An agenda is pretty obvious in the title. The documentary presents belly dance as a sort of connecting point around which women circulate, finding healing, strength and solidarity. The participants talk at length about their experiences with belly dance, how others have responded to their involvement and what it has done for them. Because the interviewees are so varied, their stories and opinions are equally so. For me there is no “danger” of this documentary conveying untruths or being misleading because it’s so clear that each woman involved is speaking from her own perspective.

Belly is possibly a little too long, and there are a couple of sections I really question the point of (notably Amy Sigil’s story about a toileting mishap), but overall I appreciate the lovely jumble of seriousness and silliness that really does reflect how belly dance community life tends to be.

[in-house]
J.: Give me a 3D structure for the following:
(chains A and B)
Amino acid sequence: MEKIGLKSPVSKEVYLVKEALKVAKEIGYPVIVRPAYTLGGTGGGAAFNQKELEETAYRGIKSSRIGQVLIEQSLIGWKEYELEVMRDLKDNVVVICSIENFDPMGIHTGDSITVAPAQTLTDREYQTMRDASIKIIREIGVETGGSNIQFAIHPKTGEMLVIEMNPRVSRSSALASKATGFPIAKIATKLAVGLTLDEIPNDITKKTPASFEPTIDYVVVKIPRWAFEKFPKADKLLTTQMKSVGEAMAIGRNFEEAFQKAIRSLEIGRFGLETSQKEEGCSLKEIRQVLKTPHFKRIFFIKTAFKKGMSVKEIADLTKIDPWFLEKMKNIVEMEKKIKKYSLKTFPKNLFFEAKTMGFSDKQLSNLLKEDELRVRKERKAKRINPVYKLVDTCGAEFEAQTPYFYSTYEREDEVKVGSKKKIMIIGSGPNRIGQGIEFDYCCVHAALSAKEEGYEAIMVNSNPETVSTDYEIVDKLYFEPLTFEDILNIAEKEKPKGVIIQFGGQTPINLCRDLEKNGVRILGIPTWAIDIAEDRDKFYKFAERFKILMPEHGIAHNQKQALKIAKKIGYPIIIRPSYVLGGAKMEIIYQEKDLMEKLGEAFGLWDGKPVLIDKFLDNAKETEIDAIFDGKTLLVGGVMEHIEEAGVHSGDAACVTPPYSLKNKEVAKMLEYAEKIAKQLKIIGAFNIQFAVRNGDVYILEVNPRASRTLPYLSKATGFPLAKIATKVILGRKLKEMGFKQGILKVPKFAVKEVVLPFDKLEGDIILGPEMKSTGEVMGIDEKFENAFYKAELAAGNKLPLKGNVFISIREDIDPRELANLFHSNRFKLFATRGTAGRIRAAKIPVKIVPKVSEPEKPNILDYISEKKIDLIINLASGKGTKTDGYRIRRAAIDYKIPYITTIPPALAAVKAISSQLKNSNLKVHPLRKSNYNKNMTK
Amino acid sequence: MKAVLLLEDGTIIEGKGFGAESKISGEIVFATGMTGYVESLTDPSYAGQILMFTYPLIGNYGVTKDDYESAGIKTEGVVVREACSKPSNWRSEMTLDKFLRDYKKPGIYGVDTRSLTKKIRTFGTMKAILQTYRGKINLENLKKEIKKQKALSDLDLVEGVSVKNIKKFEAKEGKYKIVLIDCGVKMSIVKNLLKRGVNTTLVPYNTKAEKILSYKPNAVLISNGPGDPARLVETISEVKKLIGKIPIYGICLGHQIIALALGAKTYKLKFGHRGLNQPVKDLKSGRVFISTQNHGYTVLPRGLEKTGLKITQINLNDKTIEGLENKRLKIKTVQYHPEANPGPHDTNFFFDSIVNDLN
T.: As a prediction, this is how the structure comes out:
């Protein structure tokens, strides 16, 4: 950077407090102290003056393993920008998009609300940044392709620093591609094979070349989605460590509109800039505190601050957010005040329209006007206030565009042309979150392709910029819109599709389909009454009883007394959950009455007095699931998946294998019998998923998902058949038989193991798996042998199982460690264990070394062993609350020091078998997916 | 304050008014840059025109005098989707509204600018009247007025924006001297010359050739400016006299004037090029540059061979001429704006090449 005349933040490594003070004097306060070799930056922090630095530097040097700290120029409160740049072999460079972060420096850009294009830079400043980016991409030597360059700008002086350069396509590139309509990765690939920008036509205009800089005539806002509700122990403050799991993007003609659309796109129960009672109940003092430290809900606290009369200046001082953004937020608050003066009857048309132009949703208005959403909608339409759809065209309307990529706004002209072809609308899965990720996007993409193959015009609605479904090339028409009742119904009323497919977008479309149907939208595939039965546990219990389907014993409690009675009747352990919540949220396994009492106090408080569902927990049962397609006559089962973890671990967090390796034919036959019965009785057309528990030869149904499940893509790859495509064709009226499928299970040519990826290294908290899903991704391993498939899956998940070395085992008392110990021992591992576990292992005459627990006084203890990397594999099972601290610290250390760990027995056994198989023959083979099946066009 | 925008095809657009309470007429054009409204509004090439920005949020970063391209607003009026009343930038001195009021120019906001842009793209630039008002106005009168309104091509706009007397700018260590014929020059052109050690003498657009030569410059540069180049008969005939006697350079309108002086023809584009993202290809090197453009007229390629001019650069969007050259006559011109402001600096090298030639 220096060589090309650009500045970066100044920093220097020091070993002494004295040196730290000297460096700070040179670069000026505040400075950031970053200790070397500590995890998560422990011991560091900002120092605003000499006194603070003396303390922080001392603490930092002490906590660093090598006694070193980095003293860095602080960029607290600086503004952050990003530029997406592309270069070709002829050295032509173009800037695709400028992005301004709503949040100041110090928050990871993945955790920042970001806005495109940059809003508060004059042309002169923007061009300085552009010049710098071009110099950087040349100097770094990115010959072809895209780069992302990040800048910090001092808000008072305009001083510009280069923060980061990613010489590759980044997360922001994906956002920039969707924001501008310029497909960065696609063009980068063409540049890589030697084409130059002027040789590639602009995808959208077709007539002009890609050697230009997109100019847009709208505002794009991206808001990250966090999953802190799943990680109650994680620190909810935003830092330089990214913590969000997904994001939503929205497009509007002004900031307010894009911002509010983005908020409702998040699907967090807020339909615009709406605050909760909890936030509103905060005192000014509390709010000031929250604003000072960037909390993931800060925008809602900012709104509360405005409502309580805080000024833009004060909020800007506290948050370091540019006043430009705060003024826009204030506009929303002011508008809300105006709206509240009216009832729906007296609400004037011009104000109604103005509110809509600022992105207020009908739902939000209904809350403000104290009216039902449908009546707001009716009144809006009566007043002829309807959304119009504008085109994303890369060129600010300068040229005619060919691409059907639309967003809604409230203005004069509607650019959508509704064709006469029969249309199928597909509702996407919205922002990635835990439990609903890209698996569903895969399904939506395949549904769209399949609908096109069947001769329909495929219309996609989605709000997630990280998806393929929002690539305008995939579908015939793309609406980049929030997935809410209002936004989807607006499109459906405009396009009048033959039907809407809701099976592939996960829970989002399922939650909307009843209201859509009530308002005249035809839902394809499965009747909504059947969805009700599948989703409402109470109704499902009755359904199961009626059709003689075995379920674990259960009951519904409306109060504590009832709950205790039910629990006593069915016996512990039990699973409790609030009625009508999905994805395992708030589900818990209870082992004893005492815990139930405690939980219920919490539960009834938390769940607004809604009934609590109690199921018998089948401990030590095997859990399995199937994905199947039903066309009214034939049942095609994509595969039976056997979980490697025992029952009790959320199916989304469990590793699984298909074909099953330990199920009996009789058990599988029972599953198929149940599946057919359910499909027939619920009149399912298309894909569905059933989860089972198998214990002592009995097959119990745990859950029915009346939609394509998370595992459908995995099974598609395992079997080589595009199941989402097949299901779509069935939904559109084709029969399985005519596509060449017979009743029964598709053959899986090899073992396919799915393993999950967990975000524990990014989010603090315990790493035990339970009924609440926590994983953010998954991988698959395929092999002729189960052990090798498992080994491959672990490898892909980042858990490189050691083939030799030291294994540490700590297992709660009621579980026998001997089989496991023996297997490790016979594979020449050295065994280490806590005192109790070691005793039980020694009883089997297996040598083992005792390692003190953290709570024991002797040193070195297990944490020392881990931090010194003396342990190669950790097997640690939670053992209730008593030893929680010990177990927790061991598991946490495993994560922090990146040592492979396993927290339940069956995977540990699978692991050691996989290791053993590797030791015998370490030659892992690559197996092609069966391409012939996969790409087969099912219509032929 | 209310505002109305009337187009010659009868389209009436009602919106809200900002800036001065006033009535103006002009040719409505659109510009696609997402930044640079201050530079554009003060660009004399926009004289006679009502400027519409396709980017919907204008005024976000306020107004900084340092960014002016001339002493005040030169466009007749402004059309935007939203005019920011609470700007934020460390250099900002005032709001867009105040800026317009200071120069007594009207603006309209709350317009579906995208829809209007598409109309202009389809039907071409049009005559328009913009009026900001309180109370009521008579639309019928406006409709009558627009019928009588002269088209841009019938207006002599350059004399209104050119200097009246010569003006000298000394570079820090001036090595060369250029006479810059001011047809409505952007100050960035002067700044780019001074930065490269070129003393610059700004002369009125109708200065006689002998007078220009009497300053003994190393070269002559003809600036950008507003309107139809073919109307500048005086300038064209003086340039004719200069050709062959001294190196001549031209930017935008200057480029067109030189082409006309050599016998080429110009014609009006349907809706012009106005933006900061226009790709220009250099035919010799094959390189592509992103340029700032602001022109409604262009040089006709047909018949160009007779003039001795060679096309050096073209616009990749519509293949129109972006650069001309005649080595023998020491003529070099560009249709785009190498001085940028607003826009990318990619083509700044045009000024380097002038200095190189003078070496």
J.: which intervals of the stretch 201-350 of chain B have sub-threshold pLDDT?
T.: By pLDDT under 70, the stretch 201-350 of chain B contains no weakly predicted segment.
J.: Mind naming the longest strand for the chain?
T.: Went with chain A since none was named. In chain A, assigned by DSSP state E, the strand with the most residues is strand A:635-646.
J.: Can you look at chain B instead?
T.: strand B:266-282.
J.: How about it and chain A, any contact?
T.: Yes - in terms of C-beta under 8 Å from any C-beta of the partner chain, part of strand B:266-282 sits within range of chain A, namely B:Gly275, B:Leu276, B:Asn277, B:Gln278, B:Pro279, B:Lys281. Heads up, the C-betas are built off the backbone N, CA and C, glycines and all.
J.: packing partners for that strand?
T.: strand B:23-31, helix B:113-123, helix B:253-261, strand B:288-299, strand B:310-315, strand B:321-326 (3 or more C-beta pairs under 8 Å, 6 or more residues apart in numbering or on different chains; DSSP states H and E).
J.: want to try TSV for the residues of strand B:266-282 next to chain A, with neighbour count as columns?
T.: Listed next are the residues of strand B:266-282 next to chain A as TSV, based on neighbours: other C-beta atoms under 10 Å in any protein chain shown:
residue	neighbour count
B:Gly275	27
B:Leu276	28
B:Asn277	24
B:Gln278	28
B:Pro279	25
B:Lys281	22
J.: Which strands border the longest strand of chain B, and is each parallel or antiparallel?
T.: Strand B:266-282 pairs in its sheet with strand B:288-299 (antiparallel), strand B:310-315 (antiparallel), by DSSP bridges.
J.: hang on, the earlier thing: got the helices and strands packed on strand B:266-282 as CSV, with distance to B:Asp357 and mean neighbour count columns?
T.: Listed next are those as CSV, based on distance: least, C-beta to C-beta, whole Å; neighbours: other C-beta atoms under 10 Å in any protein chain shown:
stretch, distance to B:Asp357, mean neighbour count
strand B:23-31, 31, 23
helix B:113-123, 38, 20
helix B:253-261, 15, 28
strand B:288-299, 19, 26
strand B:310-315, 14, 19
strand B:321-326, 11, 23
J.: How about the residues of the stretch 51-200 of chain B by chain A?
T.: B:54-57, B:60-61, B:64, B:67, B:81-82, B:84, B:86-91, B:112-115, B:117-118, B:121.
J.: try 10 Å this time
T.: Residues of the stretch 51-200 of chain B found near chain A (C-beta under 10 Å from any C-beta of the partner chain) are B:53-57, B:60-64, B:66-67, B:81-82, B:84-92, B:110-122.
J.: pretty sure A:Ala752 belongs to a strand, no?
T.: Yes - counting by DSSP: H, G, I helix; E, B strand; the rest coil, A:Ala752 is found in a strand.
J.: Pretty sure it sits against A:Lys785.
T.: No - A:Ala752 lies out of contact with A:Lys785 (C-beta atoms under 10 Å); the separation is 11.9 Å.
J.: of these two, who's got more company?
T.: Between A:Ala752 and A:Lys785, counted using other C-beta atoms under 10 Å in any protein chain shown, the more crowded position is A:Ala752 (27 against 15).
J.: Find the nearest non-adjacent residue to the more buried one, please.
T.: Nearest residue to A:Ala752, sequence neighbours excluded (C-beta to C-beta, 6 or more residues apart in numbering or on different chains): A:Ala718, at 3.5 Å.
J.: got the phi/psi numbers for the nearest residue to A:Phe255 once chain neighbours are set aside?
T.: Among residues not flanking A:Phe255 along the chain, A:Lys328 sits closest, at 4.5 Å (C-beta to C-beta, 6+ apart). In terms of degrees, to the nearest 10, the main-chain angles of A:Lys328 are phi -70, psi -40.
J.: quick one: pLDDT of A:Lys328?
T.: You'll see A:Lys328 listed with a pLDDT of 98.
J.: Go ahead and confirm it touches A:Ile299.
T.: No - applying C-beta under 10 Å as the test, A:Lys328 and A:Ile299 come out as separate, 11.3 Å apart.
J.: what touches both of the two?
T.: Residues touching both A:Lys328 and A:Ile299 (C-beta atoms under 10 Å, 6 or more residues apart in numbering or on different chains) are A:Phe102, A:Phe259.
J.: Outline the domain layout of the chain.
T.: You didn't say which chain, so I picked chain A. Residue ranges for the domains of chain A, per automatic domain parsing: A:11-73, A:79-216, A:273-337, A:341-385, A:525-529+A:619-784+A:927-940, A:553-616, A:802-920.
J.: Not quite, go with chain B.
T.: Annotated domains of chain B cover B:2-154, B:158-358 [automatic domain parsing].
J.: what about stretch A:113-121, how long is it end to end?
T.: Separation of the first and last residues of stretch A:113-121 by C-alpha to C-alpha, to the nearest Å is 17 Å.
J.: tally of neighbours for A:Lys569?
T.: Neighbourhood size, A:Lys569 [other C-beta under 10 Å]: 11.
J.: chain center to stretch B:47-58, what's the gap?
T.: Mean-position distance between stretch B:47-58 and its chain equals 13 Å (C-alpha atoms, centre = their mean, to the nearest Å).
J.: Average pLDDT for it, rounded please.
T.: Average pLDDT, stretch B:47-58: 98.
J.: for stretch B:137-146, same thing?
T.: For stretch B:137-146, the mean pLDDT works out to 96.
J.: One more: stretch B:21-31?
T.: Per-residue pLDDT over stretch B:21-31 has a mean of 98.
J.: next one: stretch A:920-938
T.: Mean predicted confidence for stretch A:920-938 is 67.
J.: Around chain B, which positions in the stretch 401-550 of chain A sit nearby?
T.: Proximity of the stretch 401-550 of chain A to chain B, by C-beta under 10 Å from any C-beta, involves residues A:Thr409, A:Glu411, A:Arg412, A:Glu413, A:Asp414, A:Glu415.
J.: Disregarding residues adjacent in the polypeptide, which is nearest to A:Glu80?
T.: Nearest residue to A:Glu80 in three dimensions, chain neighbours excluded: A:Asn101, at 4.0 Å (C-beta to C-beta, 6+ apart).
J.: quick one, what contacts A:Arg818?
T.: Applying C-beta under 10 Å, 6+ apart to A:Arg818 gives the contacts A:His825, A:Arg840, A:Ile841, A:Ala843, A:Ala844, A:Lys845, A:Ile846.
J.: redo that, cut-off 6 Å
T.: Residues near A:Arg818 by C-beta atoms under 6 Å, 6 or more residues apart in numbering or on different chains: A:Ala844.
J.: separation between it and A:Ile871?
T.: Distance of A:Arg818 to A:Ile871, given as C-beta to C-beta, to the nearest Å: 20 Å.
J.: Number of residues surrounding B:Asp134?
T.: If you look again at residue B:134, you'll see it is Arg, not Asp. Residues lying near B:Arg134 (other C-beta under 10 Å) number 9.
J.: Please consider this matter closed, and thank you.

The greatest flaw in Belly is also its greatest strength.

The Middle Eastern aspect of the dance is conspicuous by its near absence – Delilah, never the poster girl for ethnic correctness, is one of the few people to even mention it. If I were teaching an in-depth class on belly dance culture I’d love to show Belly alongside Natasha Senkovich’s The Bellydancers of Cairo, then sit back and wait for the comparative discussion that emerged.

Rating: 3 1/2 zils
Zil Rating- 3